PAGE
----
A look inside the black bag that CAHOOTS crisis workers carry to 911 calls. It contains Narcan, as well as wound cleaner, medicine for allergic reactions and more. (Troy Brynelson/Salem Reporter)
As Salem begins putting together its budget, city residents have a clear request: fund a crisis response team.
City leaders have previously voiced support for a local program modeled after Eugene’s CAHOOTS, where a crisis worker and EMT respond to low-level 911 calls for people having mental health crises, rather than police. But there’s no funding for such a program in the draft city budget City Manager Steve Powers presented Wednesday to the city council.
During Wednesday’s Budget Committee Meeting, a couple people testified in support over Zoom, and another 81 wrote in favor of allocating money toward such a program in public testimony. One man even wrote a poem.
“Mobile response units not only save lives, they save money and resources by handling non-emergent medical issues, avoiding costly transport and aids. We need to add this unit to our public safety resources. There is a deeper need more now than ever,” Danielle Howden wrote to the committee.
“A mobile crisis response team is necessary to provide accessibility to those with disabilities and mental illness,” wrote Tina Noon.
Most of the meeting was spent discussing how the city could use $32.9 million in incoming federal funds from the American Rescue Plan Act, federal Covid relief money passed by Congress in March. It is one of several budget meetings before a final budget goes before the Salem City Council for approval in June.
City Manager Steve Powers presented his proposed $657.5 budget to councilors and committee members, saying the one-time federal funds would be used for revenue replacement and for Covid expenses.
That includes $11.3 for the general fund, $500,000 to replace lost revenue from downtown parking and $3.2 million for the cultural and tourism fund.
Another $8.1 million is to be set aside for future programs and investments, according to the budget presentation.
Councilor Vanessa Nordyke, who has been a vocal proponent of a mobile response unit, said some of that money could be bookmarked for a CAHOOTS-style program locally.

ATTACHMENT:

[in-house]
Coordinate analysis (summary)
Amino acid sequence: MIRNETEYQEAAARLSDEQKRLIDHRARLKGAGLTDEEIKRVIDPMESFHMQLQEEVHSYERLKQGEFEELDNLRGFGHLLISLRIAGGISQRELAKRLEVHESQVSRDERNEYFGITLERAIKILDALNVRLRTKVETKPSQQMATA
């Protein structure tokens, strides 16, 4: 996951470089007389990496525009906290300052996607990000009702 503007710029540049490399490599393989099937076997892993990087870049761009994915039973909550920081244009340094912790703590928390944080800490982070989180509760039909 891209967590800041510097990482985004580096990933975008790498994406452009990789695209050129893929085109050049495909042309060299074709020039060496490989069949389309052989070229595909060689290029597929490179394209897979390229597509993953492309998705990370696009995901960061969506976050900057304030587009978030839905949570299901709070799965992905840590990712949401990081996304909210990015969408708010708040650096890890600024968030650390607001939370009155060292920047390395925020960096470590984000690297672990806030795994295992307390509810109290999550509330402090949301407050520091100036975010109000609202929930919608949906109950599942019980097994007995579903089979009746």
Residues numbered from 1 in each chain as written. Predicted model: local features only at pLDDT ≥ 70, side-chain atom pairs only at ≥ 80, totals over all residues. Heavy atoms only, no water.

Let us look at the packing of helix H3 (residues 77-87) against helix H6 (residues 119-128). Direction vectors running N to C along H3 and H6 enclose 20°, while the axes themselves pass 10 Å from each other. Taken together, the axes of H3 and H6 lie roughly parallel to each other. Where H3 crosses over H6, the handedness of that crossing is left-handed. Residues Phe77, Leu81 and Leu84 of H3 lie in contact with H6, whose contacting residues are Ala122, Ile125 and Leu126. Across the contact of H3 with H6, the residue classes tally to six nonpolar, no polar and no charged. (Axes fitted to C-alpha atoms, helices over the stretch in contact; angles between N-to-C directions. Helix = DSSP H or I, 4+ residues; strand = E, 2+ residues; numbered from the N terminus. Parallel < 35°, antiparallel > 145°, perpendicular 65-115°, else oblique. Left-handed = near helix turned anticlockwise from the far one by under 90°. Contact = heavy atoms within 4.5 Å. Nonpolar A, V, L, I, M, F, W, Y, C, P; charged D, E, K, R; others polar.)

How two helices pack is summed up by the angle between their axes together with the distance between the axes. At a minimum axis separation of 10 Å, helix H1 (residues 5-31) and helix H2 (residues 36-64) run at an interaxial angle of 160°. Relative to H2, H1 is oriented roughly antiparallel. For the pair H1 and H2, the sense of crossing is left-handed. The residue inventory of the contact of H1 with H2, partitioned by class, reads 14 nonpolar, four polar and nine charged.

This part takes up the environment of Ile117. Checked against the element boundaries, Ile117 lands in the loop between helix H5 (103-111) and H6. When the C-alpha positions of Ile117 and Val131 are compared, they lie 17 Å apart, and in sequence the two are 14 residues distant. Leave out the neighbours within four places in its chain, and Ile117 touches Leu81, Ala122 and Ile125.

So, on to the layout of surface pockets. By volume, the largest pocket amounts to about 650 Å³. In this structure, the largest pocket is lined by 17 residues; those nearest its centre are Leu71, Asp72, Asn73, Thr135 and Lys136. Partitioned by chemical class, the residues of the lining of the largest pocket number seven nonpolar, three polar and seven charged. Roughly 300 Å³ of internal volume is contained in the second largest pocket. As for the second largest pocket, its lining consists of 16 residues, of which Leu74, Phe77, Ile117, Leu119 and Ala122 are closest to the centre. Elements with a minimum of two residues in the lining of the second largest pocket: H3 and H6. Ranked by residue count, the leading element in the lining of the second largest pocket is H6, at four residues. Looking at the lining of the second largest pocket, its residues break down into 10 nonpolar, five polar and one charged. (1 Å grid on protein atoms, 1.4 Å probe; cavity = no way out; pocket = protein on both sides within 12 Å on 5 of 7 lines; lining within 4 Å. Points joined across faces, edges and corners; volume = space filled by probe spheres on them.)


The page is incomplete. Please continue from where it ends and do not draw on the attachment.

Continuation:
The city’s chief financial officer, Robert Baron, said the city is waiting to receive more guidance from the U.S. Treasury about how they can use that $8.1 million.
“We can’t advise council until we get specific guidance ourselves,” he said.
Other committee members cautioned against allocating the one-time funds for an ongoing project, because the federal money has to be spent by 2024. After that, the city would be tasked with finding another funding source for a mobile response unit.
Nordyke told Salem Reporter if the federal dollars can’t be used for that purpose, she will work with staff to explore other funding options, like general fund money.
According to a proposed estimate from the Mid-Willamette Valley Community Action Agency and United Way of the Mid-Willamette Valley, a mobile response unit would cost about $440,000 a year.
Councilor Jose Gonzalez said he’s in support of a response unit and that many of the calls would be in the northeast Salem ward he represents.
He said his brother, who has a business off Interstate 5, has daily interactions with people in mental health crisis.
“It’s the same with a lot of other people I know,” Gonzalez said.
He said in general everyone wants the program, but need to figure out how it will work logistically.
Powers focused on one of six priority areas for the city during Wednesday’s meeting, “welcoming and livable community.” There are budget meetings each Wednesday evening until at least May 6 to go over other priorities.
The Welcoming and Livable Community category has a $46.4 million budget that includes parks and recreation, neighborhood enhancement, code compliance, planning, library, cultural and tourism grants, public art, housing and social service grants, among others.
Powers said the city’s Homeless Rental Assistance Program, which provides a year of rental assistance and intensive case management for those who are chronically homeless will be funded at $560,000.
That money is half of what was allocated for HRAP last year. Powers said that reflects “program limitations” including extensive case management needs and a low rental inventory. The Salem Housing Authority has had difficulty getting landlords to sign onto the program during the statewide eviction moratorium.
Powers also highlighted $300,000 of general fund money going to restoring areas at Wallace Marine Park and Cascades Gateway Park, where unsheltered people have been allowed to camp for the last year because of Covid.
After the Salem-Keizer School District ended a $623,000 contract for school resource officer program, the city will have to use $1 million in general fund dollars to pay for officers who have been reassigned to other tasks, the budget shows.
Contact reporter Saphara Harrell at 503-549-6250, [email protected]
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